The independent London newspaper

Rock ’n’ Roller road trip in The King

Director Eugene Jarecki used Elvis Presley’s Rolls Royce as a vehicle for Chuck D, Mike Myers and many others to share their opinions on the King and America

24 August, 2018 — By Dan Carrier

Elvis’s 1963 Rolls Royce heads from Memphis to New York, taking in Las Vegas and many other vital places in the US psyche

Directed by Eugene Jarecki
Certificate 12a

THERE was a line in one of the knockout shows by the late, great comedian Bill Hicks that lamented what the USA did to Elvis Presley: how a man who on the face of it had a lovely voice and gorgeous looks became completely corrupted, both physically and morally.

Hicks saw Elvis as a standard-bearer for what was wrong with America, someone who could produce something incredible, drawing on so many global influences, but essentially go politically bonkers before a horribly unsavoury end.

Presley died, aged 42, on the toilet having eaten himself into a lifestyle situation where he was going to have a coronary.

This Dogwoof-produced documentary uses Elvis’s 1963 Rolls Royce as a starting point – a beautiful car – which is taken across America on a classic road trip, giving director Eugene Jarecki a vehicle to consider Presley as the American Body Politic – the era of Trump is like having eaten way too many deep-fried banana and peanut butter sandwiches before being marooned on a golden toilet seat, doing oneself a nasty mischief as a nation huffs, puffs, clenches and squeezes.

Heading from Memphis to New York, taking in Las Vegas and many other vital places in the US psyche, the Roller becomes somewhere for others to give their take on the state of the nation, seen through a prism of the art it produces.

And what a cast of voices Jarecki has put together. They range from people who are fans and those who most certainly are not. It’s pretty wonderful to hear Chuck D – the Public Enemy legend – not holding back in his take-down of the singer. Other voices are less relentless in their criticism and include Alec Baldwin, Emmylou Harris, Ethan Hawke and Mike Myers (who is unsurprisingly humorous, while being enlighteningly eloquent).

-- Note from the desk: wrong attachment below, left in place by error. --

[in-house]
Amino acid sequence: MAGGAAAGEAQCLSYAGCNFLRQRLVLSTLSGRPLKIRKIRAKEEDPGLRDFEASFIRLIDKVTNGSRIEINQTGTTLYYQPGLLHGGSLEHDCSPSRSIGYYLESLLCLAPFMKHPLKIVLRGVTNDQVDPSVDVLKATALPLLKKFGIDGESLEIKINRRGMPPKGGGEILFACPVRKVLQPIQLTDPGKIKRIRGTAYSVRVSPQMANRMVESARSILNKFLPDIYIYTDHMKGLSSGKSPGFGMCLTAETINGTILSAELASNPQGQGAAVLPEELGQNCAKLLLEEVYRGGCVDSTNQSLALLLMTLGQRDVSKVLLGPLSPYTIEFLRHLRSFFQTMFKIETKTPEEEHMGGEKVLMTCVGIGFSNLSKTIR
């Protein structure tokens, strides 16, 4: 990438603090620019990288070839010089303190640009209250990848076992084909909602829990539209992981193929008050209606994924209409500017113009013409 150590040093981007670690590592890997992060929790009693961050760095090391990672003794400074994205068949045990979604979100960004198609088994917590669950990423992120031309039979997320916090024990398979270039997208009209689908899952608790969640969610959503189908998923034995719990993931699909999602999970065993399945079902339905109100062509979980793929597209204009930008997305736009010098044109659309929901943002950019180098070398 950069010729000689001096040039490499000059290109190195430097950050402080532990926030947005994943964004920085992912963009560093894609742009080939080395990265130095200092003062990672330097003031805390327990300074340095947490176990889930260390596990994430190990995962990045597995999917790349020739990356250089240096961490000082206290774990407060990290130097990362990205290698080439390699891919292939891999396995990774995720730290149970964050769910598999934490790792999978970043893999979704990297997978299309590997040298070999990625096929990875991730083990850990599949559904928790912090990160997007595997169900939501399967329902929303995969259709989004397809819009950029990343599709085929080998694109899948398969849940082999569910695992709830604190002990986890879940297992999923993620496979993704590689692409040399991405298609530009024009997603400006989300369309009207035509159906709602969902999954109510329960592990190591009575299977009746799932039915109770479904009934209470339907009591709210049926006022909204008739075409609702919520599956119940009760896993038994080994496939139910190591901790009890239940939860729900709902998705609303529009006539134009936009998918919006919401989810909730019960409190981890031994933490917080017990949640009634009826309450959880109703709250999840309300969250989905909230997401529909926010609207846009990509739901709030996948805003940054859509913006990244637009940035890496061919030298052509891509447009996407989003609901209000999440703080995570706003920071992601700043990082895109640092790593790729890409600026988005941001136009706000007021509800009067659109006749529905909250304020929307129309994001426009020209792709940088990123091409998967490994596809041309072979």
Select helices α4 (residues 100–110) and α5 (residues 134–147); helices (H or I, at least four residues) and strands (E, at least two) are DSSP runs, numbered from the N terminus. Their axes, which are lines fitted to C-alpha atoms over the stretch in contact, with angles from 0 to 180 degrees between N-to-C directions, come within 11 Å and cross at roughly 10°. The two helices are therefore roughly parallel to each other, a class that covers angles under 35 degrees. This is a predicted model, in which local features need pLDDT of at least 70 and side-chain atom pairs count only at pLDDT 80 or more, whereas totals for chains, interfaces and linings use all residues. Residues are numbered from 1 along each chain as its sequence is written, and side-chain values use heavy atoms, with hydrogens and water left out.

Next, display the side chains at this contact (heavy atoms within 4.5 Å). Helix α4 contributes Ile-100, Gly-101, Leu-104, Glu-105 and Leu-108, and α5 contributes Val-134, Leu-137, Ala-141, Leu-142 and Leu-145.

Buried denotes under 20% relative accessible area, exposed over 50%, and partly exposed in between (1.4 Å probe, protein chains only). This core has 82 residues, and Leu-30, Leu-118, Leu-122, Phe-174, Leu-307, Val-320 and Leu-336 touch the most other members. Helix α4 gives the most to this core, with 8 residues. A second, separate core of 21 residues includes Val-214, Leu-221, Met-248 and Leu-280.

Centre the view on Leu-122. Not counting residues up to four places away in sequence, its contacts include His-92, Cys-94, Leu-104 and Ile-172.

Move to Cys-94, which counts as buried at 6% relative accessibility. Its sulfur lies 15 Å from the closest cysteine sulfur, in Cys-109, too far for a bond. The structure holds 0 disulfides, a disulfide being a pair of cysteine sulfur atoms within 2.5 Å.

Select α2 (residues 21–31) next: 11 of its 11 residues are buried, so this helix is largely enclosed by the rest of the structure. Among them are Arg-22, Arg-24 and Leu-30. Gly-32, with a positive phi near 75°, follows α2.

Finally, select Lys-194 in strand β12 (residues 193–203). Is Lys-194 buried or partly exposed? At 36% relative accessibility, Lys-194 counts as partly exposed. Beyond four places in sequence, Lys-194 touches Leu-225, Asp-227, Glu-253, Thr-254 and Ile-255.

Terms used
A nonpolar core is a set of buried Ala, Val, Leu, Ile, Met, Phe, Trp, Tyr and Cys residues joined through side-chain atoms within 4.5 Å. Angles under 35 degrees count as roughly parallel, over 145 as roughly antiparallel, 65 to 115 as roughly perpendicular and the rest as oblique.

What works so well is how Jarecki has put together a pretty warts-and-all portrait of a country deeply uncomfortable with itself today and traced, through using of one its greatest global exports and cultural figures, its highs and lows.

This is more than just a clever metaphor, this is a highly entertaining and thoughtful film. One suspects the Elvis fans out there might find it hard to watch at first but the footage and storytelling is such that it deserves an audience way beyond its political echo chamber – a sad occurrence with the wave of political documentaries released in recent times.

Elvis Presley was the voice of his country at its best and worst, a man who stood on the shoulders of musical giants, and sold black music to a white audience often without properly recognising who influenced him.

But as Jarecki shows, he wandered through the great American musical landscape of the 20th century and soaked it up like a sponge.


Share this story

Post a comment